I was easily able to get two days of moderate to high use from the Xperia Z3, and a day and a half from the Compact. The former metric I take for granted: a 3,100mAh battery with Android 4.4.4 is a potent combination. I was more impressed with the Compact, which adds but a millimetre to its frame but wedges a 2,600mAh battery inside, resulting in flagship-like uptime with none of the bulk.


A lot of Sony’s marketing for these devices has revolved around battery life superiority, and that’s true. There are a number of battery-saving features on board, from the Stamina Mode that has been present for a couple of generations, to Ultra Stamina Mode, which is akin to similar features on Samsung and HTC’s flagships.

Then there is Low Battery Mode and Queue Background Data, more features to keep the phone running as long as possible.


By default, the phone turns off background data updates when the screen is off, leading to an influx of notifications when turned on. This works most of the time, and there’s a whitelist for apps like Hangouts and WhatsApp that need to be real-time, but the takeaway is a couple of extra hours of usage per day. I also raved about Stamina Mode in previous versions of the Xperia Z series, and taken together, it’s possible to eke more than two days of use from the Xperia Z3, and close to two days from the Compact.

It’s also clear that Sony’s software updates have led to greater battery efficiency in general. The Z3 actually features a moderately smaller cell than the Z2 — 3,100mAh to the predecessor’s 3,200 — but manages longer uptime with a faster processor.

Like most aspects of Sony’s upgrade cycle, I’m not delighted that it took this long to get the Xperia line to the point it’s at today, but if you’ve been waiting for the right Sony device to update to, now is your time.



Sony’s Android software has, of late, been tame. It’s not quite stock Android 4.4 KitKat, and there a few too many “value-add” apps that can’t be removed or disabled, but for the most part this is a low-overhead version of the OS you know and love.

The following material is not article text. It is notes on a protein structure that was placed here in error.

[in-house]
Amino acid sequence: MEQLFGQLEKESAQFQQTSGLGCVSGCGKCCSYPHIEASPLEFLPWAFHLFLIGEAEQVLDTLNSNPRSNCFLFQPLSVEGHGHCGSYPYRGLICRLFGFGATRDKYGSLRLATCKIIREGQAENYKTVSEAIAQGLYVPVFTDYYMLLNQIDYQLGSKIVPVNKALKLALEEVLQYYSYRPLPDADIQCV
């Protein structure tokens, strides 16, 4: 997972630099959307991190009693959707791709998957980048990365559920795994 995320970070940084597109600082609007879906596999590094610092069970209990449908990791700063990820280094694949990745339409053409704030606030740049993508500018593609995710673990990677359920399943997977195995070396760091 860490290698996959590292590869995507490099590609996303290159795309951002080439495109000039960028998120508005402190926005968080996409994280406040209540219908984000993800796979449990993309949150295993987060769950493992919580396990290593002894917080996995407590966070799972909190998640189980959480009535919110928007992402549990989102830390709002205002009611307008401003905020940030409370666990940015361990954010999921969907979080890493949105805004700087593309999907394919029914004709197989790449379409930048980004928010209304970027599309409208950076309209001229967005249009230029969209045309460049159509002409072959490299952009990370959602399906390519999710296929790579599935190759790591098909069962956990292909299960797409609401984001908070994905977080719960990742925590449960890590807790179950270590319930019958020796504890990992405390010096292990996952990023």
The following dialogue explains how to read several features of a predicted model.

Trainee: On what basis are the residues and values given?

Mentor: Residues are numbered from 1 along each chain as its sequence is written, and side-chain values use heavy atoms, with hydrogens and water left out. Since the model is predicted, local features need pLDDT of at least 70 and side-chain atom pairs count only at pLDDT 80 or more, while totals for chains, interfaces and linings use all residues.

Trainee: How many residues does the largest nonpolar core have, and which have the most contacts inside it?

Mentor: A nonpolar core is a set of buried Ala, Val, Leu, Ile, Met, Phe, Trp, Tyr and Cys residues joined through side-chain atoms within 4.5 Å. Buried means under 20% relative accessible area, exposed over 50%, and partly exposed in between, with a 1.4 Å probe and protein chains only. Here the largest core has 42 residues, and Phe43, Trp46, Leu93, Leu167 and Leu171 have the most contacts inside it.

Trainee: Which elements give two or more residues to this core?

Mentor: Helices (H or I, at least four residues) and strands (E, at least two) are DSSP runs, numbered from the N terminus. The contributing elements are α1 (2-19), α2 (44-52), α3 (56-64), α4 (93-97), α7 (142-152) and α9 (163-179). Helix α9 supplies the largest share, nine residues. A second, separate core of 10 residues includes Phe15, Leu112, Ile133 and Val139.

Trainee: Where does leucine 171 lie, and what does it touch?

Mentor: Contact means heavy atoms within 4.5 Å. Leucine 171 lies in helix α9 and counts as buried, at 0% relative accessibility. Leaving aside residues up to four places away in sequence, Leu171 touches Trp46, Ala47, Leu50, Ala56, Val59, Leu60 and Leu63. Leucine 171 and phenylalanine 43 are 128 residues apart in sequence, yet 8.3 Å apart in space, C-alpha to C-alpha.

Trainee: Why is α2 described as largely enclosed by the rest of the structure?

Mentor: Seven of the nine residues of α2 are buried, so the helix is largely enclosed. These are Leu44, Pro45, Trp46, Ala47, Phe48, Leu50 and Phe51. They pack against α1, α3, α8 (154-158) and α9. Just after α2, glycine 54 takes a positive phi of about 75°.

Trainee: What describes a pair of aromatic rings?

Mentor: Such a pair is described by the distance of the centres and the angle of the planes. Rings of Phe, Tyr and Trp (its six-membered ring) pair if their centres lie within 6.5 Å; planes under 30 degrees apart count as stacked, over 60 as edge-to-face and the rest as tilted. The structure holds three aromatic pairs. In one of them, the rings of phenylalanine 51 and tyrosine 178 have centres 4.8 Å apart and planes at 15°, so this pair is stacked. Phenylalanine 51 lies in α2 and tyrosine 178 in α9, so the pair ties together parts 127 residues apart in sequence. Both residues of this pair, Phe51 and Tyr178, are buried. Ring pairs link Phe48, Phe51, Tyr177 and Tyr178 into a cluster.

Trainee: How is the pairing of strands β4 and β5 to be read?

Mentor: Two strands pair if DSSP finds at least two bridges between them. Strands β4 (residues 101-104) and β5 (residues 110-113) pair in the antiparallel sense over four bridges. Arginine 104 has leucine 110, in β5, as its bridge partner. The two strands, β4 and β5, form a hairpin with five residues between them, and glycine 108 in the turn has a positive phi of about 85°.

Like the aforementioned battery-saving features, Sony does append some unique features to its Android layer. For example, the Xperias Z3s come with the ability to pair a trusted Bluetooth device to temporarily disable lock screen security, similar to the implementation on Android 5.0 Lollipop. There’s a high-sensitivity Glove Mode, customizable Quick Settings in the notification shade, a double-tap to wake option for when the screen is off and the power button is just too far, and a few more neat quirks.

Sony’s also toned down the overbearing branding of its launcher, bringing it visually in line with Google’s own branded choice.


Inside the launcher you’ll still find a bevy of Sony-branded apps, including the not-so-useful What’s New and Sony Select apps, which are redundant in today’s Play Store-focused marketplace. In fact, Sony’s so-called “curated collection” of apps and games inside the Select app merely link into the equivalent Play Store entries.

And while Samsung and HTC have discontinued their various media hubs, Sony, with its huge collection of music artists and movie titles, still peddles its own Music and Video Unlimited services. The former is a Spotify competitor, streaming a wide selection of on-demand music for $9.99/month, while the latter is a simple pay-for-digital-access movie and TV show portal.


It may appear nearsighted for Sony to continue loading its own app, movie and music hubs on its smartphones, but the company has built up a pretty impressive user ecosystem through its Bravia TV line and PlayStation game consoles, and purchases sync between platforms and screens. Prices are generally competitive for rentals and purchases, but the experience is no better (or worse) than Google Play’s equivalents. Ecosystem redundancy continues to be a problem for Android OEMs in general, but Sony’s ever-present media focus will continue to be used as a differentiator.

In that vein, while PlayStation integration is less pronounced than it used to be, Sony still wants you to know that it controls the world’s best-selling console ecosystem. It’s possible to download PSN games from the Xperia phone, and PS4 Remote Play — the ability to stream games to an Xperia phone or tablet — is an incredible feature that no other device can boast. While it requires a Dual Shock 4 controller, being able to play PS4 games wherever and whenever is a wonderful boost, especially for game fans.